Sunday, January 23, 2011

RIP Jack LaLanne

Sad news as fitness guru and Oakland native Jack LaLanne has died. He was 96 years young:

Jack LaLanne, the fitness guru who inspired television viewers to trim down, eat well and pump iron for decades before diet and exercise became a national obsession, died Sunday. He was 96.

LaLanne died of respiratory failure due to pneumonia Sunday afternoon at his home in Morro Bay on California's central coast, his longtime agent Rick Hersh said.

Lalanne ate healthy and exercised every day of his life up until the end, Hersh said.

"I have not only lost my husband and a great American icon, but the best friend and most loving partner anyone could ever hope for," Elaine LaLanne, Lalanne's wife of 51 years and a frequent partner in his television appearances, said in a written statement.

Just before he had heart valve surgery in 2009 at age 95, Jack Lalanne told his family that dying would wreck his image, his publicist Ariel Hankin said at the time.

LaLanne may have been a showman, and a bit of a ham, but he was very serious about health and fitness:

In 1936 in his native Oakland, LaLanne opened a health studio that included weight-training for women and athletes. Those were revolutionary notions at the time, because of the theory that weight training made an athlete slow and "muscle bound" and made a woman look masculine.

"You have to understand that it was absolutely forbidden in those days for athletes to use weights," he once said. "It just wasn't done. We had athletes who used to sneak into the studio to work out.

"It was the same with women. Back then, women weren't supposed to use weights. I guess I was a pioneer," LaLanne said.

The son of poor French immigrants, he was born in 1914 and grew up to become a sugar addict, he said.

The turning point occurred one night when he heard a lecture by pioneering nutritionist Paul Bragg, who advocated the benefits of brown rice, whole wheat and a vegetarian diet.

"He got me so enthused," LaLanne said. "After the lecture I went to his dressing room and spent an hour and a half with him. He said, 'Jack, you're a walking garbage can.'"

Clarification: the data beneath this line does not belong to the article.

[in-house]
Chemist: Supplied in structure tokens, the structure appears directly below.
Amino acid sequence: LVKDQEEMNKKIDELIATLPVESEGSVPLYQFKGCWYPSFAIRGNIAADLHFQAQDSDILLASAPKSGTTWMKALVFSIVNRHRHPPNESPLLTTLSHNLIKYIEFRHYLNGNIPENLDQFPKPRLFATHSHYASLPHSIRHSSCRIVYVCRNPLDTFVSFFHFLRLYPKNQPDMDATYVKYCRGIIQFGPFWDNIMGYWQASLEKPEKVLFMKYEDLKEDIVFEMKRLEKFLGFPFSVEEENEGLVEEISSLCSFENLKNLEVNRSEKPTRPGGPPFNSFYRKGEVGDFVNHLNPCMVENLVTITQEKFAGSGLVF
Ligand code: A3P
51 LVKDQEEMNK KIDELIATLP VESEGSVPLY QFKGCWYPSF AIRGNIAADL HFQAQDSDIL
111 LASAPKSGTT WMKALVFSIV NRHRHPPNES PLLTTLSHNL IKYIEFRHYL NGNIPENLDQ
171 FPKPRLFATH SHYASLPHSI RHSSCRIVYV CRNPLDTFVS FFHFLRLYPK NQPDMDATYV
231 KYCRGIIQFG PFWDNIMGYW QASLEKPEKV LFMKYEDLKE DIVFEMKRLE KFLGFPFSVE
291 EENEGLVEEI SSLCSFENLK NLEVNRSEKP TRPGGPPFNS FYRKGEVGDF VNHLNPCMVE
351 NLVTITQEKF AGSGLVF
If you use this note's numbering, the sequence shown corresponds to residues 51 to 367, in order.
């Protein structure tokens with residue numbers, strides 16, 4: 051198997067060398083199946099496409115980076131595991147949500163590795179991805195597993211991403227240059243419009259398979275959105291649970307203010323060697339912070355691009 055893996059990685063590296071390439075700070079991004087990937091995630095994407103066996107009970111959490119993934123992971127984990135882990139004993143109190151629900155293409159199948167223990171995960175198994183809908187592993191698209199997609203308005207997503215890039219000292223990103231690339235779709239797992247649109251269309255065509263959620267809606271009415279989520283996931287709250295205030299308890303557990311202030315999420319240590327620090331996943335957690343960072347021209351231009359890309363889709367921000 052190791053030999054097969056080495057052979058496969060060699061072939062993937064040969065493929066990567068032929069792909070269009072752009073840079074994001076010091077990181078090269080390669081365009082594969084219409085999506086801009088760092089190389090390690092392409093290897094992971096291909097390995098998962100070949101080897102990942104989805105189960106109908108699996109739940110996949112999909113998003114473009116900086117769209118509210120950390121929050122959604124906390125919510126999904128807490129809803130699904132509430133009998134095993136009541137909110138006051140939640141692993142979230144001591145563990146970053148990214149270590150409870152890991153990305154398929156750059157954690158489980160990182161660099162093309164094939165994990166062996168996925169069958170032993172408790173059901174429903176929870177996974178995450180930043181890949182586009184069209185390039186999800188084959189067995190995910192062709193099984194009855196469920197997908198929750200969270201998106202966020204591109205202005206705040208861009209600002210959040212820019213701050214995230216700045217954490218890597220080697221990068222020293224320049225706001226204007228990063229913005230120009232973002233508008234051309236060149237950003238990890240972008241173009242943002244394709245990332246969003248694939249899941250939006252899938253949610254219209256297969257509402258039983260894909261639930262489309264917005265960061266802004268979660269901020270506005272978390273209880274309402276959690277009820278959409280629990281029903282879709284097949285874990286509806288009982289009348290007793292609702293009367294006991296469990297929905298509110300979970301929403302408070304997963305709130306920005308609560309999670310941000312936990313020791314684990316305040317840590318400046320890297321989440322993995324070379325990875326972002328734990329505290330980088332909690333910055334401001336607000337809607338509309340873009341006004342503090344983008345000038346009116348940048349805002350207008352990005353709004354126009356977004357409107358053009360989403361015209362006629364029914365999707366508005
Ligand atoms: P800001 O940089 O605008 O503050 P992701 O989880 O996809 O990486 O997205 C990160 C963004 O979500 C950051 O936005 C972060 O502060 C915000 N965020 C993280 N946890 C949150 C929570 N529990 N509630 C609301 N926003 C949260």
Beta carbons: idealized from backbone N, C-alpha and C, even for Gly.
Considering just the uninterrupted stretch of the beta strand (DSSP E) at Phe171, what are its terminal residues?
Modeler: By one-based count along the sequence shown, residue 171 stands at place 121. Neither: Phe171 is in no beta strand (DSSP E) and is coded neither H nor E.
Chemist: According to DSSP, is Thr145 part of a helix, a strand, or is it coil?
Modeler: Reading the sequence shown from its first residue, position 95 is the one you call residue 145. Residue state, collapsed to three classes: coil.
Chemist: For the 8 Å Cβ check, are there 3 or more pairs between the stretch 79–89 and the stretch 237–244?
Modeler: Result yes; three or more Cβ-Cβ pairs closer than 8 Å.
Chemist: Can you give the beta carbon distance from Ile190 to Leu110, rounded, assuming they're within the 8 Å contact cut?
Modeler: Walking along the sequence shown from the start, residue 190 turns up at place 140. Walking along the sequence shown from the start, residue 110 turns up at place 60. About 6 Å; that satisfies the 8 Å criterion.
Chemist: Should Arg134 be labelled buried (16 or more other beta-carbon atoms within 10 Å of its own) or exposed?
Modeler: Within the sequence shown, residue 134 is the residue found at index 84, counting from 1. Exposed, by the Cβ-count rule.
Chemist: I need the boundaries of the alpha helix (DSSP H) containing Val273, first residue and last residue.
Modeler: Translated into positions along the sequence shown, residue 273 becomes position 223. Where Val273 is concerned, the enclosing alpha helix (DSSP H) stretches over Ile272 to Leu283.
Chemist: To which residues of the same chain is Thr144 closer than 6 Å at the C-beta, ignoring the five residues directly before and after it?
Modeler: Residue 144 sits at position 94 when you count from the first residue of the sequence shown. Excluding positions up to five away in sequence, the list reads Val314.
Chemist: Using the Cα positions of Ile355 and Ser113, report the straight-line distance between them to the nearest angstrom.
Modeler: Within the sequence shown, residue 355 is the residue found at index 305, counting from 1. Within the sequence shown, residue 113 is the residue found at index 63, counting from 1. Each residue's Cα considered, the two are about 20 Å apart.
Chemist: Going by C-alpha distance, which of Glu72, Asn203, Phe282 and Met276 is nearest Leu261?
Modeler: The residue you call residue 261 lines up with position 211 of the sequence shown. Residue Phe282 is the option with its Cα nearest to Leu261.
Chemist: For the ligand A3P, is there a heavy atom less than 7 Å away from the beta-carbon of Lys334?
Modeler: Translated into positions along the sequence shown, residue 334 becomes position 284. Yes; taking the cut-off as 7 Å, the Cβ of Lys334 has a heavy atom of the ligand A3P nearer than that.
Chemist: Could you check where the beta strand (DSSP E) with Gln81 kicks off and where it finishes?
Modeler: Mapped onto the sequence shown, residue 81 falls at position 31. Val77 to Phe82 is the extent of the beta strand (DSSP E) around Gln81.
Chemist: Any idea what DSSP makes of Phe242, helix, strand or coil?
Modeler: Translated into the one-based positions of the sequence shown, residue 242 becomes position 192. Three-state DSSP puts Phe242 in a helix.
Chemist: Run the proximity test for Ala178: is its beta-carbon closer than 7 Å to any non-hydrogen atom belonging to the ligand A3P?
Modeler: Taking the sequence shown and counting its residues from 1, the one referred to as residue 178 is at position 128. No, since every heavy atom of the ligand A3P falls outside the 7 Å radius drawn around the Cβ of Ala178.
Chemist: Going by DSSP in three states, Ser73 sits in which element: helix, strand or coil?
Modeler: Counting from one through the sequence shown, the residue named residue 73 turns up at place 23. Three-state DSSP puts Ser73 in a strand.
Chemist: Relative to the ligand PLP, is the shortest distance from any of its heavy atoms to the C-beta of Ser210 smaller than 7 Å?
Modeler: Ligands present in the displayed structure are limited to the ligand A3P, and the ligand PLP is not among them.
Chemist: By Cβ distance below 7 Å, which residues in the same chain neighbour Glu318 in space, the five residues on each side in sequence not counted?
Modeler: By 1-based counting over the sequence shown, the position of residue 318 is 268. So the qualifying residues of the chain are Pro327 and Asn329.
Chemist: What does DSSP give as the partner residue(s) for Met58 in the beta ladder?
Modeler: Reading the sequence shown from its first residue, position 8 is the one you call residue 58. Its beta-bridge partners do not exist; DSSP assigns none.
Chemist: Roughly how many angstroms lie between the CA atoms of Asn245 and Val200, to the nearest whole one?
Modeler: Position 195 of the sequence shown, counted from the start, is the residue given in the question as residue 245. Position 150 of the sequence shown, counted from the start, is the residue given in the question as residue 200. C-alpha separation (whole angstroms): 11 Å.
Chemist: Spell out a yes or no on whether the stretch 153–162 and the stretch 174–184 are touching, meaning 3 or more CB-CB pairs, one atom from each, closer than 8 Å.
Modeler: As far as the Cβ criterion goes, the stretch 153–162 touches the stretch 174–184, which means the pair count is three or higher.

Soon after, LaLanne constructed a makeshift gym in his back yard. "I had all these firemen and police working out there and I kind of used them as guinea pigs," he said.

He said his own daily routine usually consisted of two hours of weightlifting and an hour in the swimming pool.

"It's a lifestyle, it's something you do the rest of your life," LaLanne said. "How long are you going to keep breathing? How long do you keep eating? You just do it."

The vagaries of fate and nature being what they are, it might be too much to say that LaLanne's long life was a result of his particular diet and fitness regimen. Just seeing pictures of him, you could tell he was just full of life and would have lived a long time regardless. Still, his quality of life appeared to have remained very high right up to the end, which is certainly something.

And, no one else wants to mention this, but it does say something that he outlived - sometimes by decades - fitness gurus who came in his wake. Just off the top of my head, I can think of Jim Fix, Dr. Atkins, and Nathan Pritikin. (I guess I could include Herman Tarnower, but I'm pretty sure having a crazy mistress was not an essential element of the Scarsdale Diet). Of course, Jane Fonda is still alive, so there's only so far you can go with this line of inquiry.

Those gurus may have found more wealth and acclaim than LaLanne, but none could match the elegant simplicity of his theories, which were easy to understand, simple to implement, and universally applicable. Something like the Pritikin diet, on the other hand, may have worked for somebody, somewhere, but was mostly the source of a lot of wishful thinking. I'm not even going to mention the contradictory and flat out wrong dietary information pumped out by the US government since the Seventies. LaLanne, I am confident, would have disdained it all.

LaLanne was a true American and Californian original, the sort of person who started trends that people would later say "started in California and spread nationally." He had a zest for life that was nearly inextinguishable. You sometimes can't help wondering if California is still capable of nurturing for Jack LaLannes.

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